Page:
In the letter to the Romans, the apostle St Paul makes the claim that we have been baptised into Christ, and that through our baptism we might walk in newness of life. As baptised Christians we are living parts of God’s new creation, and we are called into a life that is free from sin. That is not to say that we can in our own strength live sinless lives. We are not free of sin, although by God’s grace we may make progress in this direction. It is to say that as repentant sinners we are assured of God’s forgiveness and we are therefore free from sin. Free to serve and please God in newness of life. This is what we pray for in this service each week.
So what might serving and pleasing God in newness of life actually look like? Well the great commandments to love God and neighbour are obvious starting points, but in the Gospel Jesus goes further. Serving and pleasing God includes acknowledging Christ before others; being faithful witnesses in words as well as in deeds. This might involve discomfort and embarrassment; it might involve standing apart from the crowd; it might even involve a bit of familial conflict. For one of our political leaders it recently involved standing down from his job … which takes me back to that general election …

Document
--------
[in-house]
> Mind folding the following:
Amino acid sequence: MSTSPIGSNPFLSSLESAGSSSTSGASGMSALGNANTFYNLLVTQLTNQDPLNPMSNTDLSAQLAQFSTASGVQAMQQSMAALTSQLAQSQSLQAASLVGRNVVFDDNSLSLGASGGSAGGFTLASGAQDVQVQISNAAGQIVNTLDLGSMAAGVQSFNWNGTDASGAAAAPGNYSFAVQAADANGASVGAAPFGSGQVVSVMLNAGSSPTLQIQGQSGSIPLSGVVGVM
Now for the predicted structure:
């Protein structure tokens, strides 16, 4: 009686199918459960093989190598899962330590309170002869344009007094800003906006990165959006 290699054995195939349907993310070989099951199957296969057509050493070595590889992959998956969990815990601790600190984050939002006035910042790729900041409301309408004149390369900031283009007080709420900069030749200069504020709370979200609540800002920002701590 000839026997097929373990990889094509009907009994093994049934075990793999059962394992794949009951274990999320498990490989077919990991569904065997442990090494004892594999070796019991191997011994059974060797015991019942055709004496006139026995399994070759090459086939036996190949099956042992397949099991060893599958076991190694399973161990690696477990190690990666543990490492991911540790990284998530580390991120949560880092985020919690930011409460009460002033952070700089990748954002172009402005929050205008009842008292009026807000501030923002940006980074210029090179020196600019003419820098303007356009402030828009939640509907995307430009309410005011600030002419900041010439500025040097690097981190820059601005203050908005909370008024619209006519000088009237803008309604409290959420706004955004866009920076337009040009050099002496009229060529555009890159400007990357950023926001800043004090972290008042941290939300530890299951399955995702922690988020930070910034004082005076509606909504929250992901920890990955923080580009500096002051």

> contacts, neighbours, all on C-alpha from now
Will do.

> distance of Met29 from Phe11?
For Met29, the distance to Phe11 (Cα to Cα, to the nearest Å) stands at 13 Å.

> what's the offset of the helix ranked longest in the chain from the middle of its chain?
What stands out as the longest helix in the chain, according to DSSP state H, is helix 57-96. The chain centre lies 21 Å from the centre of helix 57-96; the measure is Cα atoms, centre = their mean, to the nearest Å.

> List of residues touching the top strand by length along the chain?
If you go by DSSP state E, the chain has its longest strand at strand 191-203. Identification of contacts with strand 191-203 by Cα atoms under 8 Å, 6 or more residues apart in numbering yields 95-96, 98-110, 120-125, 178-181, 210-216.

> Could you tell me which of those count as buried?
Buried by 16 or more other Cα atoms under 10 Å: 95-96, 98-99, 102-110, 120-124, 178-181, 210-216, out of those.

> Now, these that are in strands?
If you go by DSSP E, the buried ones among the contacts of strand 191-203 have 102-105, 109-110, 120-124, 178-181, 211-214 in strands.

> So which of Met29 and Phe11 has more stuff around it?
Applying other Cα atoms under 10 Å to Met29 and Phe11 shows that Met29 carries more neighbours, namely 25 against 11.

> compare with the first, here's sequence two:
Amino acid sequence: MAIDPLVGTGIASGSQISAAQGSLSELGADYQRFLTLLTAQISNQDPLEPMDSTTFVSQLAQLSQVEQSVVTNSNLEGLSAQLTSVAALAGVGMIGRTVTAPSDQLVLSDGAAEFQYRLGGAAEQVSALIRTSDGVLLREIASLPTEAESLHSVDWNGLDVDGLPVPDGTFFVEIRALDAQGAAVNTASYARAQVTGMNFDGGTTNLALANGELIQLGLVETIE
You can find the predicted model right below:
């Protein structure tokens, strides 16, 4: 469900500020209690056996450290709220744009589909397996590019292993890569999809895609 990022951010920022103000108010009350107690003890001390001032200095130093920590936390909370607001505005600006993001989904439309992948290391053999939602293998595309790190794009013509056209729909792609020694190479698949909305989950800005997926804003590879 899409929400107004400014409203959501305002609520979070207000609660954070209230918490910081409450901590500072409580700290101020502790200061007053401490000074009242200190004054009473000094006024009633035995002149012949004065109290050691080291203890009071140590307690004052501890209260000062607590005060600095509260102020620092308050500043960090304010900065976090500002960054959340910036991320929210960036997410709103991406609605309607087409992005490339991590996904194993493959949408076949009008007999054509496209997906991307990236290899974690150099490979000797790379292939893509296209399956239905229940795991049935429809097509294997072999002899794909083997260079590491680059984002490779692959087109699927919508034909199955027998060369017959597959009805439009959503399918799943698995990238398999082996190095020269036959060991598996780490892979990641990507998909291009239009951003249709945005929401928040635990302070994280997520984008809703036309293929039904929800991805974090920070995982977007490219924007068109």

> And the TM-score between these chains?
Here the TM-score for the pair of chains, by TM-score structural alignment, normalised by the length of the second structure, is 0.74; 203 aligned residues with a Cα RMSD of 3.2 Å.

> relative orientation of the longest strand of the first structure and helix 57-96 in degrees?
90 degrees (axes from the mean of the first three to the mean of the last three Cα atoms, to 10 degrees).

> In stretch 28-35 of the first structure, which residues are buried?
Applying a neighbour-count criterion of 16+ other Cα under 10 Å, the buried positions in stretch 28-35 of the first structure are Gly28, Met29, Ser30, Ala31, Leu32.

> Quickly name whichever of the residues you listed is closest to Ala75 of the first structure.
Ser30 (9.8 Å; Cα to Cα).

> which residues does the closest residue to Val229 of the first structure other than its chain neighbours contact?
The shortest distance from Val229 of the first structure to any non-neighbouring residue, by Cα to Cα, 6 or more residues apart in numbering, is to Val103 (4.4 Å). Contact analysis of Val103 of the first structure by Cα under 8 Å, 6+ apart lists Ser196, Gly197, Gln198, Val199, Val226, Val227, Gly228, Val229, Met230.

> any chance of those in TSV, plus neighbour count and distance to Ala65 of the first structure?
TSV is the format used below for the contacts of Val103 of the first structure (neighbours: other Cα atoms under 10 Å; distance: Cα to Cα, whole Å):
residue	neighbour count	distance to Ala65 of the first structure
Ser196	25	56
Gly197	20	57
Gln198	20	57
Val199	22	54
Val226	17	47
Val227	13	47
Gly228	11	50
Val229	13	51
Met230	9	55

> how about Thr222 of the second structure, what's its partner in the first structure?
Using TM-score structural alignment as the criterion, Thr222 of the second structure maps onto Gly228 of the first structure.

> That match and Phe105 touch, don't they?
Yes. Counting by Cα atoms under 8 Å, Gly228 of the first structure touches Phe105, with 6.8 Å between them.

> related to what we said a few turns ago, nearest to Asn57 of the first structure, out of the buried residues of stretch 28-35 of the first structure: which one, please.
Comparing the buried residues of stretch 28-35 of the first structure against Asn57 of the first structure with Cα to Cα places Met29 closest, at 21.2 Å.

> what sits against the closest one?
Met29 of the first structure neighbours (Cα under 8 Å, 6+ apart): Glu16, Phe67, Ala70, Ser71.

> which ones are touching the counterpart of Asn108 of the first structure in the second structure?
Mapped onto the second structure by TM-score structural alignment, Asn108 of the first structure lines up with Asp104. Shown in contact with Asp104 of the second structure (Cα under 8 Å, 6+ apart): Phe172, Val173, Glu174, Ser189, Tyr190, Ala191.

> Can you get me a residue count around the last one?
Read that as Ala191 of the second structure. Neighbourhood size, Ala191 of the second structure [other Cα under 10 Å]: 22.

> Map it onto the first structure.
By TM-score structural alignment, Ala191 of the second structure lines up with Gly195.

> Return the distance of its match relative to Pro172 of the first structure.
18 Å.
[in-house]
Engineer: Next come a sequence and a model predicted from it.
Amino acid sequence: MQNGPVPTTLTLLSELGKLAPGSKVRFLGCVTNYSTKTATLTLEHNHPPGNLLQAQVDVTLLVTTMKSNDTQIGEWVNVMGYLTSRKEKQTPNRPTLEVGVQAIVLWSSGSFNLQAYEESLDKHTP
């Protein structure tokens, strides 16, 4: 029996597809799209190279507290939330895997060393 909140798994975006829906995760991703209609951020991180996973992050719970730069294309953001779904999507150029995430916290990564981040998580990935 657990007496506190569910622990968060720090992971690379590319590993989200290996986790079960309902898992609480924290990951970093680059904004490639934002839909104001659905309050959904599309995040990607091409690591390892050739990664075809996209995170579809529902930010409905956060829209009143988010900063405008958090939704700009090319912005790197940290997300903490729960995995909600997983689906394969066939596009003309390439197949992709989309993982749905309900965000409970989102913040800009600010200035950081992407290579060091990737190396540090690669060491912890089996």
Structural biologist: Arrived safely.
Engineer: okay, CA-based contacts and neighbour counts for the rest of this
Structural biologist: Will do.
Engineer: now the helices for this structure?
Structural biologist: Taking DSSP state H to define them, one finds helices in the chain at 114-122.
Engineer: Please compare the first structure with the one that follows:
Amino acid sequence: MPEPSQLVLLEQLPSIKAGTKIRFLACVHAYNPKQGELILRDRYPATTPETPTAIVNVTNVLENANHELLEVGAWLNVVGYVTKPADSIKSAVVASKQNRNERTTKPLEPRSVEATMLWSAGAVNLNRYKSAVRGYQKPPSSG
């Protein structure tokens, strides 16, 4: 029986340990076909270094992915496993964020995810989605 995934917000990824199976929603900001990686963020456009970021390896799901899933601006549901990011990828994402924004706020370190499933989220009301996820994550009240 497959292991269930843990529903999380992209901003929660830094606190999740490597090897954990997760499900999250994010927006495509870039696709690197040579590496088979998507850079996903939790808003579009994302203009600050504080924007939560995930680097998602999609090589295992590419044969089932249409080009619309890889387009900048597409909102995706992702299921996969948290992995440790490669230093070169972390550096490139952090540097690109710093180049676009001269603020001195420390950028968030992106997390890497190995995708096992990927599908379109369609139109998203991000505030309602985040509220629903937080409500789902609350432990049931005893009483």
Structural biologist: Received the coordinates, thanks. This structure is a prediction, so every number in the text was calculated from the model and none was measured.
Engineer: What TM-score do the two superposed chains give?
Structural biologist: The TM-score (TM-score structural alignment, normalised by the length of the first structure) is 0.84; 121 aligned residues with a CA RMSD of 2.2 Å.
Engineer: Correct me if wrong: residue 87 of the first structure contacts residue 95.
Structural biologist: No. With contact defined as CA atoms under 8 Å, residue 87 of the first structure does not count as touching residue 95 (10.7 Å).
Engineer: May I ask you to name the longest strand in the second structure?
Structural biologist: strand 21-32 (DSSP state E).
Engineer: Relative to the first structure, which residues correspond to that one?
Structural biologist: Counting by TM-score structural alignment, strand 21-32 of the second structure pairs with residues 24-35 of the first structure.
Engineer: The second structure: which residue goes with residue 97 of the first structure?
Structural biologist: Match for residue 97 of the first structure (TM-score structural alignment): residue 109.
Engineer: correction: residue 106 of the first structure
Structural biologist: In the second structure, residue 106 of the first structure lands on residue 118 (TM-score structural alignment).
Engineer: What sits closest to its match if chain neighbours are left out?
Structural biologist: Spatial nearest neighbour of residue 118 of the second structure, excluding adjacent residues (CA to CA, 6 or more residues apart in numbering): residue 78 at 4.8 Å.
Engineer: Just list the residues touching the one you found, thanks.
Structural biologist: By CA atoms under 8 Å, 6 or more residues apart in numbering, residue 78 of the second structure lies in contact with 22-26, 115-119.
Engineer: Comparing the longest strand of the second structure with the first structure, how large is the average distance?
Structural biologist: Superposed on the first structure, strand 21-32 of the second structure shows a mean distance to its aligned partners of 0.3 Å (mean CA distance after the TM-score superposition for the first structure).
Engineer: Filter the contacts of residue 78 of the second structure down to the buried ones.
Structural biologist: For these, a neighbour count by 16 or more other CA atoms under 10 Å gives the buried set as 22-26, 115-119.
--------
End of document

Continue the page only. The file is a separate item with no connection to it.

Picking up the intergenerational theme I have, both before and after the recent election, picked up a variety of conflicting opinions from within this community at the Priory. There are those who say that the young are spoiled and foolish; that they’ve never had it so good; that they should stop whinging and start working. There are others who say that the young have got a raw deal – poor schooling and education, limited career opportunities, crippling debt and little prospect of ever owning a house. One even said to me last week that he yearned for the young to rise up, which I suspect would be a scary prospect for many. I could at this point ask for a show of hands, but I have no interest in sparking inter-congregational conflict! At least, not this morning while the Rector is away.
In conversations with my children and their friends I find similarly diverse and robust views expressed about their elders. If we hold on to the central claim of our faith that we are moving towards the destination of the new creation, then Jesus words about intergenerational conflict are at once prophetic. Perhaps we start to see conflict between generations as part of the the process of bringing the new creation to reality. Perhaps it gives new meaning to these words of Jesus, words that we often say at a baptism service …
“Let the little children come to me; do not stop them; for it is to such as these that the kingdom of God belongs. Truly I tell you, whoever does not receive the kingdom of God as a little child will never enter it.”